After 43 years of teaching, 39 of which were at Bristol Consolidated School, Andrea Powell has retired.
At 10 a.m. on June 14, Powell’s students had officially moved on from her classroom, but she was still there, tying up loose ends and waiting to be whisked away by the faculty’s “Sunshine Committee” for her retirement party.
Powell had a goal of reaching 40 years as a teacher and having all of her grandchildren go through her classroom. Having accomplished both goals, she said she is ready to move on.
BCS Principal Jennifer Ribeiro described Powell as a “beacon” for the school’s pre-kindergarten through fourth grade team.
“Andrea is a team player and will be missed by all of us, she has actively participated in both school and district initiatives and was a key member of the pre-K planning team,” Ribeiro said. “Her competence, confidence, and willingness to try new things will be missed by all!”
A resident of Bristol for most of her life, Powell attended kindergarten in the very room that she taught her last batch of kindergarteners in.
“I started my education here and I’m ending my education career in the same room,” Powell said.
Powell said that her mother claimed she would be a teacher since she was born. Her aunt, who she adored, was a teacher and would let her do things like correct papers and visit her in the classroom.
“I just always knew that’s what I wanted to do,” Powell said.
When Powell was a kindergartener, she already knew how to read. Her mother, who became a librarian later in life, surrounded Powell with books and allowed her to read anything on the library shelves.
While her intellect and passion for education shaped her path in life, she admitted that these virtues could make her a difficult student at times.
“I remember the teacher having a big book for us to read and I was bored,” Powell said, laughing. “I got into a little trouble because I wasn’t behaving when everybody else was trying to read along with the teacher.”
The 2020-21 year was difficult for any school system, but Powell said BCS fared relatively well within the necessary distancing requirements. Three classes saw positive tests and had to quarantine at different times throughout the year, but Powell’s class was fully in person for the entire year.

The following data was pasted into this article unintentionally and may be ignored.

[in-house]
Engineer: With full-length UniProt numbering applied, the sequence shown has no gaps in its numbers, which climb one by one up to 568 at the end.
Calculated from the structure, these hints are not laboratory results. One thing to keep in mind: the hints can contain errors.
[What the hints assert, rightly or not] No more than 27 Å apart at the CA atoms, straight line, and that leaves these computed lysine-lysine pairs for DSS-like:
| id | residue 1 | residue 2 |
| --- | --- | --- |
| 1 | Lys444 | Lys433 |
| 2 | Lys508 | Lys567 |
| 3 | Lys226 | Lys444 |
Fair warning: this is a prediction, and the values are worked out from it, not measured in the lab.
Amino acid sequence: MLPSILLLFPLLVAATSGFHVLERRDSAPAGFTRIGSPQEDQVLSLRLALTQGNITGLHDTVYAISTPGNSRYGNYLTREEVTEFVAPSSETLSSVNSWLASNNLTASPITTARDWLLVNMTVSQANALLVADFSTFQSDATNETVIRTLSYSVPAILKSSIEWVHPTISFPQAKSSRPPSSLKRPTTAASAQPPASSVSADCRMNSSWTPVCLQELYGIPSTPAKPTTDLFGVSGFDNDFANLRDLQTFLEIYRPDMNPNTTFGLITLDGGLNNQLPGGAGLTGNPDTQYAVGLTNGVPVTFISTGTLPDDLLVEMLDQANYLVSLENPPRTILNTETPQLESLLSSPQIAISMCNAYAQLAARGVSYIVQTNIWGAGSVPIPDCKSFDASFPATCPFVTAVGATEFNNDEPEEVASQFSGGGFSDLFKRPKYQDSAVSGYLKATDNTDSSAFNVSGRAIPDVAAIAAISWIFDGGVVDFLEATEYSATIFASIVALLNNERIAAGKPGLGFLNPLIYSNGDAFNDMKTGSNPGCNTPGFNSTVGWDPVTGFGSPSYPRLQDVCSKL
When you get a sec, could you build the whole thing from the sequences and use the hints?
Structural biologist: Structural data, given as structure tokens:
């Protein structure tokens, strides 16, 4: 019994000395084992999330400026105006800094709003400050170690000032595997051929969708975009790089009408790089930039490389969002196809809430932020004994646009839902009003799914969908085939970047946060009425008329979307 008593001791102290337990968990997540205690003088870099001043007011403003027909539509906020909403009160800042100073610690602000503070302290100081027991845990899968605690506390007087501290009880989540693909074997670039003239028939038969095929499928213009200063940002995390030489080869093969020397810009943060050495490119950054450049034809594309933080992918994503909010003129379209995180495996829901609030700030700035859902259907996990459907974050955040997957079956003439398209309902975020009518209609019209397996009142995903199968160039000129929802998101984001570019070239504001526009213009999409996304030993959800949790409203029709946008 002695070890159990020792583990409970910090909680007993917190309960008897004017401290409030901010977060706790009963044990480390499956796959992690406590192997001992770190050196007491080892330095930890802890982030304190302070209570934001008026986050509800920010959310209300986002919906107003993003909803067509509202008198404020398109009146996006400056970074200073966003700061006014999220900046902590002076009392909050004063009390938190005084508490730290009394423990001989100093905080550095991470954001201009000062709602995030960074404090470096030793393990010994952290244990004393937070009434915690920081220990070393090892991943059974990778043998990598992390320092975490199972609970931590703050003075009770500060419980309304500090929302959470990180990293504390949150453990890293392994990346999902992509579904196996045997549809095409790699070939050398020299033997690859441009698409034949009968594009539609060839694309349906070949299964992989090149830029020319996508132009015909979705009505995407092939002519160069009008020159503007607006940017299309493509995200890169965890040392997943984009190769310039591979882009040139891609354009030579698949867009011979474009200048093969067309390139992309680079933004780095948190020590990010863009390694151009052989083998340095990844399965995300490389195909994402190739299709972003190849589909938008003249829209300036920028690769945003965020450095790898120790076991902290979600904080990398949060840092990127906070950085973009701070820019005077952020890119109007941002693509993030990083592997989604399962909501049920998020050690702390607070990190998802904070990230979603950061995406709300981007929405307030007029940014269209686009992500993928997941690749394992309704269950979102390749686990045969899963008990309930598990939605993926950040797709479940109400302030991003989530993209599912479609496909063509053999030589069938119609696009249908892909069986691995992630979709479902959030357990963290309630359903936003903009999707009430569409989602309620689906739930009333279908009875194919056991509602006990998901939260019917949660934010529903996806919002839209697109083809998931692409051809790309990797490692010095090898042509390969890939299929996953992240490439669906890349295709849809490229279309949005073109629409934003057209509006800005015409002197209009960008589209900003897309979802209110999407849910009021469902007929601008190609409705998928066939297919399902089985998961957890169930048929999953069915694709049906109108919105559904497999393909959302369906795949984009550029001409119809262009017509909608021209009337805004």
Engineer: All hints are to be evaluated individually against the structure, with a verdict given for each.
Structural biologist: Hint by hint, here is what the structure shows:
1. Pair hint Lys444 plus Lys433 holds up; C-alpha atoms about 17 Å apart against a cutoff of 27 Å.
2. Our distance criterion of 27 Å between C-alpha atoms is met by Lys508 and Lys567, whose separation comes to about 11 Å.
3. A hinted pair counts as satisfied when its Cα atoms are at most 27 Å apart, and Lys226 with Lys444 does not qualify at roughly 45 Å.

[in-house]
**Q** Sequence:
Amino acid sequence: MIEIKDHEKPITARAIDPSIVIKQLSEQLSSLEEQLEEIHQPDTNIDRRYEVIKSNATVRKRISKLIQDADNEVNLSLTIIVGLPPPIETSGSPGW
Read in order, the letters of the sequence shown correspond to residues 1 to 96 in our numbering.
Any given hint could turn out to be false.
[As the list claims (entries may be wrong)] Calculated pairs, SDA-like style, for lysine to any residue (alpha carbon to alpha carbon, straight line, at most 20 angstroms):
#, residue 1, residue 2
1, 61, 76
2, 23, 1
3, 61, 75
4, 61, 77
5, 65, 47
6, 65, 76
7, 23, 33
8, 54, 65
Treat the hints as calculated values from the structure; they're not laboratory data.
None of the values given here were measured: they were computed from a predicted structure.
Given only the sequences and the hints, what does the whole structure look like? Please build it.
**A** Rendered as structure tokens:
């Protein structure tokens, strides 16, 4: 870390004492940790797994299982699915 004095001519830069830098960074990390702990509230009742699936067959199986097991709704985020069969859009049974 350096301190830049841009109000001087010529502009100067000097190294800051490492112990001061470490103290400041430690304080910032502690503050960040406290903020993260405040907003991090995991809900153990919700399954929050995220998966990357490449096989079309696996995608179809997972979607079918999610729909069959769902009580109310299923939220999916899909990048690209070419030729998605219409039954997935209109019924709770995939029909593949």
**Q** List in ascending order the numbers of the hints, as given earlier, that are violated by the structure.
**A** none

“If you can believe that 5-year-olds were able to manage,” Powell said.
Powell said that her kindergarteners did a great job of maintaining sanitation requirements, changing their masks anytime they sneezed, and sanitizing and washing their hands regularly. She removed many of the classroom materials and furniture that took up too much space or might have been difficult to clean and labeled everything from glue sticks to pencils for each student.
Students couldn’t share books, so Powell began assigning drawers at the front of the classroom to each student where she would leave them all a new book each week. A member of the Bristol Area Library board, Powell knew that things like books had to be quarantined after they were used.
“The kids really came to the front and really did the things they needed to do,” Powell said. “They really wanted to be here.”
Powell did not tell her class about her retirement for most of the year out of concern that the idea of her leaving might create unnecessary anxiety for the students. She waited until the last day of school, when the school librarian had all of the students in Powell’s class sign the book “Thank You, Teacher from The Very Hungry Caterpillar” by Eric Carle. Carle is the author of “The Very Hungry Caterpillar,” and Powell’s class read a number of his books throughout the year.
“They knew that I was ‘tired,’” Powell said. “They didn’t understand ‘re-tired.’”
Powell has had countless students come through her classrooms in her 43 years, four of which were spent teaching at Woolwich Central School before she joined BCS. While she has taught now famous students like NASA astronauts like Chris Cassidy, she especially treasured the opportunity to shepherd all three of her grandchildren through kindergarten.
“They managed all day long to call me Mrs. Powell, but as soon as the buses would roll out, they go, ‘Can we call you Granny now?’” Powell said.
Powell’s husband, Nate, is also retiring from his work as a paramedic in the Boothbay region, and the two of them plan to travel to Scotland and Ireland, as well as through Canada on the Trans-Canadian Railway.
She hopes to be wrapped up for the year and moved out of her classroom by July 1.
When asked if she had any wise words for the teacher taking on the ambitious task of filling in her shoes, Powell was quick to respond.
“Take it slow. Assume they know nothing. That way everybody’s hearing the same rules,” she said.
After a year of only seeing her students’ faces during snack breaks, she said that it was those faces she would miss most.